Open letters are a long tradition of political and religious leaders - from King's namesake, Martin Luther (1483-1546)'s 95 theses denouncing the practices of the Roman Catholic church, nailed to the door of the Wittenberg church on October 31, 1517, to Gandhi telling all Americans of the evils of British colonialism, the open letter is a more permanent version of the stand-up speech. Perhaps the most famous is "J'accuse".
Emile Zola, novelist and socialist activist, wrote an open letter to the French government in the French literary newspaper L'Aurore (Dawn) in 1898, exposing the 1894 conviction of Captain Alfred Dreyfus for espionage as the rankest anti-Semitism. The true villain, an aristocratic officer named Esterhazy, had benefited from a massive cover-up and acquittal in a military court-martial while Dreyfus languished in the hellhole prison, Devil's Island, off the coast of French Guiana. "La verite est en marche et rien ne l'arretera" (truth is on the march and nothing can stop it), Zola declared as he set out the facts in L'Aurore. So it proved; Dreyfus was released in 1900 and formally pardoned in 1906. Zola, however, died in 1902 from fumes from a blocked chimney. Was it blocked by right-wing malcontents? Many thought so, then and now.
From the probable beginning of letter-writing in ancient Egypt and ancient Mesopotamia, 5,000 years ago, correspondence has been, perhaps surprisingly, frequently written for the dead. All those things you wanted to say? American poet Emily Dickinson (1830-1886) is perhaps the supreme exponent of the letter as vain, searching regret, though 19th-century novelists Charlotte and Emily Bront were also inspired by the sorrow of such outpourings. Suicide notes, letters home from soldiers in the First World War before going "over the top" (as in the play Journey's End) read to us now like the tolling of a passing bell. Such correspondence puts a new complexion on a famous verse of Gerard Manley Hopkins (1844-1889), in religious despair, addressing Jesus Christ:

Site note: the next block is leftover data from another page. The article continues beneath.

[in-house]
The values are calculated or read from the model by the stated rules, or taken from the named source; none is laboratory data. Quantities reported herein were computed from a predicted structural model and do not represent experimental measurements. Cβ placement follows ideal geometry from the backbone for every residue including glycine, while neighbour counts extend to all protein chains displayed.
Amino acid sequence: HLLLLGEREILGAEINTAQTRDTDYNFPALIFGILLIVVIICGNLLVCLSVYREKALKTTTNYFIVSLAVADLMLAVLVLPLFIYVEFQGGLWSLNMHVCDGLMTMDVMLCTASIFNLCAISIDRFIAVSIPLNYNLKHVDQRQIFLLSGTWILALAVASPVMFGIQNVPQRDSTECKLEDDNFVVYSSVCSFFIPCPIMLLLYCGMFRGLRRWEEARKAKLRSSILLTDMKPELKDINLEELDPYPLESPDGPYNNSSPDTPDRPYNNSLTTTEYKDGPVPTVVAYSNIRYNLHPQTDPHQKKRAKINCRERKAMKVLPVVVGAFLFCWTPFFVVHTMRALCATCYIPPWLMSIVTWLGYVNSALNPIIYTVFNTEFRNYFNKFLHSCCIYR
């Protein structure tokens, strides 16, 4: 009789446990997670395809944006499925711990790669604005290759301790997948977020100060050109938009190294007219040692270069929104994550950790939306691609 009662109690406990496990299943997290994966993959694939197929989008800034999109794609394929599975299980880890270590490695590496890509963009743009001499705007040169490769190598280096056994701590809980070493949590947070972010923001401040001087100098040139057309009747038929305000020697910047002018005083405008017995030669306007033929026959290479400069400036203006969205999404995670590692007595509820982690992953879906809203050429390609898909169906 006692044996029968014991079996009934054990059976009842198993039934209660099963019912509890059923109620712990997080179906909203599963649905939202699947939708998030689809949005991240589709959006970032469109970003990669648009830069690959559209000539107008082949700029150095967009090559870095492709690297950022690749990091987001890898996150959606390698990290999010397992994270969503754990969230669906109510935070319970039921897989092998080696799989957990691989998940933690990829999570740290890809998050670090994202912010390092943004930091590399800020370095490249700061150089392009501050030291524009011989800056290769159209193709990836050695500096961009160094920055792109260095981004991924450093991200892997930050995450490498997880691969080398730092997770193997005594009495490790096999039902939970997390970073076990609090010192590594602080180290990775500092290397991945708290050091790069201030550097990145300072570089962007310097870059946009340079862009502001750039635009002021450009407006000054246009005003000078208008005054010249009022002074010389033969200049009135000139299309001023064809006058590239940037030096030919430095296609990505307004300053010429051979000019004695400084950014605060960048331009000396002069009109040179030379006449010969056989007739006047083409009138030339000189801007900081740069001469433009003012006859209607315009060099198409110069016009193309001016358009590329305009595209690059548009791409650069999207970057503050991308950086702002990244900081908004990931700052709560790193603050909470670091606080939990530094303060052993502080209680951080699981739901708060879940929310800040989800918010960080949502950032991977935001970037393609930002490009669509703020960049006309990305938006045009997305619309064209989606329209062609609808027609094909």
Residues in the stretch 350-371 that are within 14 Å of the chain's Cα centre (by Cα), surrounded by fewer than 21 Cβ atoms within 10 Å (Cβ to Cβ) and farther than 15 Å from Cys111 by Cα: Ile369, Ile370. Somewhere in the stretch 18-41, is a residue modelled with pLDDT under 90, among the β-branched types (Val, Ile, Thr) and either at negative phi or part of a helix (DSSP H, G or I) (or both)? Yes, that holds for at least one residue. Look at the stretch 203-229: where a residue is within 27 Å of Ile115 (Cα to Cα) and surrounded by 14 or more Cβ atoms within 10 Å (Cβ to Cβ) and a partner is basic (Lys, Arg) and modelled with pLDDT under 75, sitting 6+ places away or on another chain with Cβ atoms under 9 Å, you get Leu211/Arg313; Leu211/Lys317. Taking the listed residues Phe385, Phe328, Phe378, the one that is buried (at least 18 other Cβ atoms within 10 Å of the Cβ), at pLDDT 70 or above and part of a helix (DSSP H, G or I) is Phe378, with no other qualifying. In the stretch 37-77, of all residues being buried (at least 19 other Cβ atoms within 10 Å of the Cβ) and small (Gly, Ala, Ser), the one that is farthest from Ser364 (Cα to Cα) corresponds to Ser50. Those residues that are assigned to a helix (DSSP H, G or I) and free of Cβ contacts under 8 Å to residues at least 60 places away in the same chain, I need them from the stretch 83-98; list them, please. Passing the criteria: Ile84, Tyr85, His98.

And my lament
Is cries countless, cries like dead letters sent
to dearest him that lives alas! away.
That's a poem that could only have been written after decades of an organised postal system (the Penny Post started in 1840) and mass deliveries, so that "dead letters" no longer signified letters to the dead but undeliverable mail. Twin phenomena, wide-ranging postal services and near-universal literacy, go hand in hand.
In today's schools, we learn, and teach, not just letter-writing, but letter-writing for a purpose: commercial, personal, promotional. It's a skill open to all. Yet go back a few millennia - or just a century or so - and we are talking about only a privileged few who can read or write. Their letters give information that official sources skate over or deliberately suppress.
Letters of Cicero, exiled dissident orator, and the historians and travellers, Pliny the Elder, ad23-79, and his nephew, Pliny the Younger, ad 62-c115, were collected and preserved to an extent that would have delighted their gossipy and scheming writers. More than 900 of Cicero's letters are still extant. The letter by Pliny the Younger detailing the eruption of Vesuvius (and the death of Pliny the Elder) is inscribed in the historical record, as are letters from Galileo (1564-1642) about the Earth going round the Sun, Antony van Leeuwenhoek (1632-1723) discovering microbes, and Pierre Fermat (1601-1665), of Last Theorem fame.
Letters were integral to the spread of one of Christianity. At first, Christians were persecuted, and letters, passed from hand to hand and even memorised, were a powerful vector for the new creed. A humble tent-maker from the Mediterranean town of Tarsus, named Saul (but christened Paul), is perhaps the most famous letter-writer of all, though not one original manuscript has survived of his epistles to Romans, Galatians, Corinthians, Thessalonians, Philemon, and Philippians (all to be found in the New Testament of the Christian Bible). His words resound to this day.
Though not highly educated, St Paul was a great literary stylist. Letters have been a major avenue of expression for writers before and since his day. These are letters which as well as reflecting personal feelings muse on the human condition or discuss ideas, often passionately. Among those known for their letters as their other work are a raft of poets including Alexander Pope, Rainer Maria Rilke, John Keats and Samuel Taylor Coleridge; novelists Jane Austen, Mrs Gaskell, Charlotte Bront , Leo Tolstoy and Henry James (as well as his siblings William, psychologist and philosopher, and Alice); authors Goethe, Mark Twain and Voltaire; 18th-century wit Lord Chesterfield, 17th-century woman-of-the-world Madame de Sevigne; politicians such as William Gladstone, Winston Churchill and, more recently, Tony Benn. In a cutting gesture, Gladstone, on the occasion of the death of his great rival, Benjamin Disraeli, sent his widow an empty envelope in lieu of a letter of condolence.